Car Free Day is today
In honor of World Car Free Day and the first full year of service for the Capital Bikeshare program in DC and Arlington County, Virginia, there will be an event at Yards Park, from 6pm to 9pm tonight. There will be beer, moonbounces, free tee shirts to the first 1,000 people, and other stuff--hopefully it won't rain.
Plus this piece on the bikesharing program, "Mental health study tries Capital Bikeshare as therapy."
On the other hand, in honor of World Car Free Day, the Washington Examiner has an editorial about how cars promote freedom and mobility, "Automobiles gave Americans mobility, prosperity and greater freedom."
I'm not going to say that isn't true, but it can come at a much greater cost to society, because in this case individual freedom as a result of the car usually is associated with great costs for the group, be it the impacts of automobility on land use, the environment, general health, personal health, especially obesity, etc.
Image caption: The Baltimore and Washington areas are the two smoggiest cities on the East Coast, according to a report released Wednesday. Stefan Zaklin/Getty Images.
Of course, one reason that the Examiner probably has a hard time balancing the benefits to the individual at the cost of the group is that the newspaper's owner made his original fortune on oil production...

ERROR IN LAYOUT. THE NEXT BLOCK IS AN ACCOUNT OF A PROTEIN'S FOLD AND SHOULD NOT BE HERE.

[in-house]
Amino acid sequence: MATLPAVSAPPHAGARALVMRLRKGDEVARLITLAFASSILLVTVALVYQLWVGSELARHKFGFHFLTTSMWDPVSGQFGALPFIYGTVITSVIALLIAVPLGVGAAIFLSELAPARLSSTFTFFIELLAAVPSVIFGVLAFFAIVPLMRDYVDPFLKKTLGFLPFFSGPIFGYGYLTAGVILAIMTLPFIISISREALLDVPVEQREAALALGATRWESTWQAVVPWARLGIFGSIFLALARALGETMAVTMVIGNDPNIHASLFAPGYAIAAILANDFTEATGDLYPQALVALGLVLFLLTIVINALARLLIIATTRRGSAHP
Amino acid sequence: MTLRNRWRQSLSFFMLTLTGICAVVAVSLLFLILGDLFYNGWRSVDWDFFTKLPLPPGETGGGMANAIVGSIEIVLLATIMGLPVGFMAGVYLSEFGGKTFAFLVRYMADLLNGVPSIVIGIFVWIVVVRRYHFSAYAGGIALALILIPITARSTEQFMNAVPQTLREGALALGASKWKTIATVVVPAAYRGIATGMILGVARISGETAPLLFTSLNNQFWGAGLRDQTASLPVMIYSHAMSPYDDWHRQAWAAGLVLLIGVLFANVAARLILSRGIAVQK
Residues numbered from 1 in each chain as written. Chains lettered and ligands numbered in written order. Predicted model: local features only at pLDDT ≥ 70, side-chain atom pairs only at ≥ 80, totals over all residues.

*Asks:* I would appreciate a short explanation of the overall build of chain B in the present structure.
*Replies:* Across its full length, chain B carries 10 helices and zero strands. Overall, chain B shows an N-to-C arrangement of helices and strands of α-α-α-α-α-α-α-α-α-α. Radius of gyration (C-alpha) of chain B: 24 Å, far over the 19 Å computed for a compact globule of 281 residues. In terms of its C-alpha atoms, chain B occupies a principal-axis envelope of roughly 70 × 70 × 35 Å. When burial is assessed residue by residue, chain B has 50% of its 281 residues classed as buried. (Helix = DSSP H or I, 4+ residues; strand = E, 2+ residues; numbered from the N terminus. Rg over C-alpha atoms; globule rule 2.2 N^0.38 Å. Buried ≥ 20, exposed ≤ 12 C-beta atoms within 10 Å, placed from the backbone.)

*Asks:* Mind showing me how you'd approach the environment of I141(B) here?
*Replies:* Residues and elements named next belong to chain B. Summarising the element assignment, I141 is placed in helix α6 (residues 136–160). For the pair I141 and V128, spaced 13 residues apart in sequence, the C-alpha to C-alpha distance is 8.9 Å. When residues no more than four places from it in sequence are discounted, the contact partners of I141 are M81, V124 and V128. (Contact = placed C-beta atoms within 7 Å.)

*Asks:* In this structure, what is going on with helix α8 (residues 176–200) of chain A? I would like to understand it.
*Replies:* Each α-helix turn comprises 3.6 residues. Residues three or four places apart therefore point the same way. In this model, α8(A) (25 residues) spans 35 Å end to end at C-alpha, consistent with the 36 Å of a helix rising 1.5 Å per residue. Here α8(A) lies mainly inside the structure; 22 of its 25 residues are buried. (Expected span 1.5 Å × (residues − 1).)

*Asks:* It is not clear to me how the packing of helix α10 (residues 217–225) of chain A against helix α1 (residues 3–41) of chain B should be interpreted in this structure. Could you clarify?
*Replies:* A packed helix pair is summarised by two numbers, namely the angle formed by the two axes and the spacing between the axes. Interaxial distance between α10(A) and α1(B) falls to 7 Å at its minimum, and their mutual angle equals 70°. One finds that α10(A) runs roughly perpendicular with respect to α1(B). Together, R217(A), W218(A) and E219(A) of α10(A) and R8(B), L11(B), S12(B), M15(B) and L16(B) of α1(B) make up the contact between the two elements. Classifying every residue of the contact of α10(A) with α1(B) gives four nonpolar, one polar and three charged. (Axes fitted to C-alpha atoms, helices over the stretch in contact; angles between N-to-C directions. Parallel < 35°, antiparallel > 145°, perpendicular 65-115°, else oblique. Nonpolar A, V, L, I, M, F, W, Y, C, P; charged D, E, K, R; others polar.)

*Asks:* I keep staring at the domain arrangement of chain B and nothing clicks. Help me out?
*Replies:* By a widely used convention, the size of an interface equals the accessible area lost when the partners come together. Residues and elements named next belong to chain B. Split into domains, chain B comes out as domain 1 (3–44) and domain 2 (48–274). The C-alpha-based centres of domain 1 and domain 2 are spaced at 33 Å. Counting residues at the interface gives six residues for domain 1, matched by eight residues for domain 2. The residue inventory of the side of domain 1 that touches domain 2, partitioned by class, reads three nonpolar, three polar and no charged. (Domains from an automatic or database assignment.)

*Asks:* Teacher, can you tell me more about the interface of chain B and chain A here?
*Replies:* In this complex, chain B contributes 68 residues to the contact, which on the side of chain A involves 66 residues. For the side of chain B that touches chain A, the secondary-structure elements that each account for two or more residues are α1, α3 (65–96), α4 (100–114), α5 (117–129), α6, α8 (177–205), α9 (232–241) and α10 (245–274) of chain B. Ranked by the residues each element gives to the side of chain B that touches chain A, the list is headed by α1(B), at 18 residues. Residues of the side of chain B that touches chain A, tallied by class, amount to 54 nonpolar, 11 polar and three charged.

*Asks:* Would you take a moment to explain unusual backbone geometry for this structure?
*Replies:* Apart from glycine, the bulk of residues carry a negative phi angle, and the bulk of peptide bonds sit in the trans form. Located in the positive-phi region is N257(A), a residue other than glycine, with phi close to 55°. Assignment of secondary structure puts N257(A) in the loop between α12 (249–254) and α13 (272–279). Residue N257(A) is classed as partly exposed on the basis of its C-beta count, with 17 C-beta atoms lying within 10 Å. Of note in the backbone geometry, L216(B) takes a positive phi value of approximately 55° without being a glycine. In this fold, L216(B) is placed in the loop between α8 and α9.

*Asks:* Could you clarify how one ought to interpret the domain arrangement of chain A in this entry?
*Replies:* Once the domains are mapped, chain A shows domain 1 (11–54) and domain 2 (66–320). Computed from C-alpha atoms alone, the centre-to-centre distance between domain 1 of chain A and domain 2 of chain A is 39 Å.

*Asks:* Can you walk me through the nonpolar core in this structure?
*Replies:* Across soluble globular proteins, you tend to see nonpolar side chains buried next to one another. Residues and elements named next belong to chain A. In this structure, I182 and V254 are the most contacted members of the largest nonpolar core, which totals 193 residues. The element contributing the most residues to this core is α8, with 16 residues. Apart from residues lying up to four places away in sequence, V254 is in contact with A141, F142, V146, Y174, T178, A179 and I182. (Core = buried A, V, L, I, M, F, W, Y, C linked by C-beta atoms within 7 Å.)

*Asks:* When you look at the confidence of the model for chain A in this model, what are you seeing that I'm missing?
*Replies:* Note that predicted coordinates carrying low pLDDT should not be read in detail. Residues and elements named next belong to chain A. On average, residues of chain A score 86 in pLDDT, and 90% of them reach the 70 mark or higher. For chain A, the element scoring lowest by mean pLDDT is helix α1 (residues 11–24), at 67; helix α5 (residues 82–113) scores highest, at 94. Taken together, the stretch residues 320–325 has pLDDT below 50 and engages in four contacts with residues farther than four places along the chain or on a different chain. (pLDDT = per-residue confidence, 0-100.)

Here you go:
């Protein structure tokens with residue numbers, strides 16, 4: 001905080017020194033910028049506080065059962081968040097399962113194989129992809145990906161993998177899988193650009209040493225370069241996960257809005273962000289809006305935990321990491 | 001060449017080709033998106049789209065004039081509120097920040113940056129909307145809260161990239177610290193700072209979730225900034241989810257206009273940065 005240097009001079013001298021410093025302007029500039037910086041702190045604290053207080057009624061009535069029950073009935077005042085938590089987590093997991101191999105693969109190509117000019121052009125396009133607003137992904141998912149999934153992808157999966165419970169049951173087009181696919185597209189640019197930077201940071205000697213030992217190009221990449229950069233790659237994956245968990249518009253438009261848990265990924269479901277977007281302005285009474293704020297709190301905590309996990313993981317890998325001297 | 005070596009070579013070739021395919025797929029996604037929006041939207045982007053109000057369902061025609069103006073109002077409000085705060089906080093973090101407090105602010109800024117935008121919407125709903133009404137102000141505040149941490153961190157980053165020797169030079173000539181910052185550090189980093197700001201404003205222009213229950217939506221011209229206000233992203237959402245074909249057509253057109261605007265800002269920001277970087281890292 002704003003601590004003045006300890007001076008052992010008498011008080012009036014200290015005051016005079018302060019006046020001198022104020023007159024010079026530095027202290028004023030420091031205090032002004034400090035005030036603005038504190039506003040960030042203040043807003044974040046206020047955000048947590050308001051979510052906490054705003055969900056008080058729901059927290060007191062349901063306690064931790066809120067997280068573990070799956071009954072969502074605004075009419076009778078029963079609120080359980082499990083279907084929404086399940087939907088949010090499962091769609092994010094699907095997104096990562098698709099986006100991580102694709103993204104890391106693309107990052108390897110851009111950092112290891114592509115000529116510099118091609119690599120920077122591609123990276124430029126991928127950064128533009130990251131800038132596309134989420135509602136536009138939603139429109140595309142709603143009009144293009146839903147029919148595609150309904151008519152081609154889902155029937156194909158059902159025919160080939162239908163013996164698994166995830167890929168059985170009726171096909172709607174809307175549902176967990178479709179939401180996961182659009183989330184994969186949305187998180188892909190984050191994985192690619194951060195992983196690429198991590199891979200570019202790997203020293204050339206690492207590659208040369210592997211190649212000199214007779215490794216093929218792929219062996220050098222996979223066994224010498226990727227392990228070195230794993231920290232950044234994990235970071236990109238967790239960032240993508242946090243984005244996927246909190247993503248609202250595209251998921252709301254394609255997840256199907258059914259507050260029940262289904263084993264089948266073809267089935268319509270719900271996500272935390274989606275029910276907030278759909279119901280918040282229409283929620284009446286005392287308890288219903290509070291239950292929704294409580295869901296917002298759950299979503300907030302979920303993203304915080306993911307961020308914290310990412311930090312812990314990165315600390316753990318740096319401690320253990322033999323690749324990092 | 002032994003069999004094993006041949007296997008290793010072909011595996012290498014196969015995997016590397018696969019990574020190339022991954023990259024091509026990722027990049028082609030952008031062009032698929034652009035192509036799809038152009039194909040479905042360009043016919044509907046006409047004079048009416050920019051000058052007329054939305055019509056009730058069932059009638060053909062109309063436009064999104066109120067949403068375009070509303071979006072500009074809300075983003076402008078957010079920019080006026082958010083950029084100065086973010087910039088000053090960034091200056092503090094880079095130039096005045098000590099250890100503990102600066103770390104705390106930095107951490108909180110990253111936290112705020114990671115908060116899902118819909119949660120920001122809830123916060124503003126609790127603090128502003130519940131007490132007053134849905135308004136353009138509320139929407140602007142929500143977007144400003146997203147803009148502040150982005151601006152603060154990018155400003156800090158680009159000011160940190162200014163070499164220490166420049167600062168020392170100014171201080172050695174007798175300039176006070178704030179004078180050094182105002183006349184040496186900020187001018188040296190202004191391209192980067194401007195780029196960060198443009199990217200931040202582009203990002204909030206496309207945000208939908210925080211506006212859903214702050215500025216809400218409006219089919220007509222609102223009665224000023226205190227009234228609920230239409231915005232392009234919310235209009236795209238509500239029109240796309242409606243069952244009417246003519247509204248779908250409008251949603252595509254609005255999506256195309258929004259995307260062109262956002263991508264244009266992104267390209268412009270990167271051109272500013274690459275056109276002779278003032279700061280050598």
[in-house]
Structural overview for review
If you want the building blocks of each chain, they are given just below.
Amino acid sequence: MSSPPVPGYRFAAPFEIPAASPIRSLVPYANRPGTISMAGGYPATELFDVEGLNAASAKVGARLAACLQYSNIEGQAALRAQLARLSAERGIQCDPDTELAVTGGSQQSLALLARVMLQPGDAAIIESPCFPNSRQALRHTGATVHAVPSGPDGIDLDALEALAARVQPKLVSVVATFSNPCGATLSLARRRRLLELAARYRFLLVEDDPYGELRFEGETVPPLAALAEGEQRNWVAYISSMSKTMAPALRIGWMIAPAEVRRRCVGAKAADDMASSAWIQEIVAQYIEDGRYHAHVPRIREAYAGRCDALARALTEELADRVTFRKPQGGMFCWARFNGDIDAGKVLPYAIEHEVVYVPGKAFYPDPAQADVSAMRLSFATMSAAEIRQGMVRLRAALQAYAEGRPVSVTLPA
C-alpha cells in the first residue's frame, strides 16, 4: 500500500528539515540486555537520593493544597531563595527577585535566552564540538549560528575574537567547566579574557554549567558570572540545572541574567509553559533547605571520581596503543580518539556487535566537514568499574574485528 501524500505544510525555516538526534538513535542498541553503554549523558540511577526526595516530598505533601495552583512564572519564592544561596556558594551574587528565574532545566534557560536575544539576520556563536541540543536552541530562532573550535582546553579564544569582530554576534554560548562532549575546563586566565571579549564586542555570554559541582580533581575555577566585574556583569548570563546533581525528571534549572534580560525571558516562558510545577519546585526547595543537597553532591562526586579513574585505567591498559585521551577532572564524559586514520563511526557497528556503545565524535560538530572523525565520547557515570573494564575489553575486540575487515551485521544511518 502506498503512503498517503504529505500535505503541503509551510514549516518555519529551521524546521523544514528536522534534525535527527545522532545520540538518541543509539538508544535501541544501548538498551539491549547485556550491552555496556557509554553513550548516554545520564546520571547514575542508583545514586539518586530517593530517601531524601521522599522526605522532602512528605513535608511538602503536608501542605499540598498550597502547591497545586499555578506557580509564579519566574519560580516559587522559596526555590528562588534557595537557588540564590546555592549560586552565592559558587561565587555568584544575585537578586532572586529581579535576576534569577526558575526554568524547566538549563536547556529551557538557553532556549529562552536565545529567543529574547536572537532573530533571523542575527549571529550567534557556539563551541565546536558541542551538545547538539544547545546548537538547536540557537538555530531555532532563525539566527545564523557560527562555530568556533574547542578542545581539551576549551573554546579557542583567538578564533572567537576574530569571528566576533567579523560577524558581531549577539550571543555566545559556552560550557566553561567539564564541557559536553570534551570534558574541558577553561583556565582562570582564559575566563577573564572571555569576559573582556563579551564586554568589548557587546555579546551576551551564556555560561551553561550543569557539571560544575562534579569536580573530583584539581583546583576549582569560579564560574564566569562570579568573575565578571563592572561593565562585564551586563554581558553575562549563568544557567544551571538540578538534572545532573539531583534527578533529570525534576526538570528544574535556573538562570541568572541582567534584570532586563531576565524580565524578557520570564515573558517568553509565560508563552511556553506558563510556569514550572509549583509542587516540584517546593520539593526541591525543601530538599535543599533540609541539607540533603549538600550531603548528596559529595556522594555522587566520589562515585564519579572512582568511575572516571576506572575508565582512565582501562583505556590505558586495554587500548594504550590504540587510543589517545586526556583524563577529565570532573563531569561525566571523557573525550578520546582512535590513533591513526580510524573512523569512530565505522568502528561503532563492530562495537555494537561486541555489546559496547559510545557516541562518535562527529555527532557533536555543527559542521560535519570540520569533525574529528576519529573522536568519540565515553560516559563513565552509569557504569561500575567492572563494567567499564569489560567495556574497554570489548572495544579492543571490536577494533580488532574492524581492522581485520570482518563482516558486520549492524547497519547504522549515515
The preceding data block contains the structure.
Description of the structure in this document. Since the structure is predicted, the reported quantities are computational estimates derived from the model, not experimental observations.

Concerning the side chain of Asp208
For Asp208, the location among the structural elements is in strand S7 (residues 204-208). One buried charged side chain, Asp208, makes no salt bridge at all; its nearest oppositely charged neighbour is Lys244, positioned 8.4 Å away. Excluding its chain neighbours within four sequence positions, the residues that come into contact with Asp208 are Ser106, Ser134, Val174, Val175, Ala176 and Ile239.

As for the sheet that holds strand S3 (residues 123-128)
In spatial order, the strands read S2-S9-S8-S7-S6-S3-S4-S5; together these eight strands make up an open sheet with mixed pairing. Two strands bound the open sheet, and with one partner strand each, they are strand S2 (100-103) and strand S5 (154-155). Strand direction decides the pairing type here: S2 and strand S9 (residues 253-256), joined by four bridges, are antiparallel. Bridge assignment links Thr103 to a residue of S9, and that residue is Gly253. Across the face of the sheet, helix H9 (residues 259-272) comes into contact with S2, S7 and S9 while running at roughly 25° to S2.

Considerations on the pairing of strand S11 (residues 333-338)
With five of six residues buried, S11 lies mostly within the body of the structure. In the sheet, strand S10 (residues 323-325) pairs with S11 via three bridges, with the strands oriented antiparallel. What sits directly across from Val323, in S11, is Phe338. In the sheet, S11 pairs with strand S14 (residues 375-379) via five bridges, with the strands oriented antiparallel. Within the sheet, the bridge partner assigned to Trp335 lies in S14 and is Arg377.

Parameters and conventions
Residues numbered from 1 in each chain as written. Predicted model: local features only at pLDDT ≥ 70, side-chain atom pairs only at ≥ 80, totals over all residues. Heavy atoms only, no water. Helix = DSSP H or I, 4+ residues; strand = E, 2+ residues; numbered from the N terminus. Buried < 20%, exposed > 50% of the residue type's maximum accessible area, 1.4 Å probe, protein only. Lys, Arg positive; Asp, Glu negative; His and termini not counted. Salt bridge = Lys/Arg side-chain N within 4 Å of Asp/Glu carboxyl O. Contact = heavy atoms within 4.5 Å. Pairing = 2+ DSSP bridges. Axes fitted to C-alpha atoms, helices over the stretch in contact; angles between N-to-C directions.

So it's interesting that two other articles in the same paper discuss problems that result from rampant automobility, "Baltimore, D.C. among nation's smoggiest cities" and the editorial "Transit-oriented paradox in Tysons Corner," which doesn't address directly the fact that it will be expensive to retrofit Tysons Corner for walkability, because the type of road-based automobile-focused development pattern that typified the area "forgot" to accommodate other modes, such as by not providing sidewalks and through routes for pedestrians.
And even though there are serious flaws with the methodology, which is focused on studying freeway congestion mostly, not intra-city mobility (see Driven Apart: Why sprawl, not insufficient roads, is the real cause of traffic congestion from CEO for Cities), the DC area ranks #2 in the nation for traffic congestion, according to the annual report on Urban Mobility by the Texas Transportation Institute.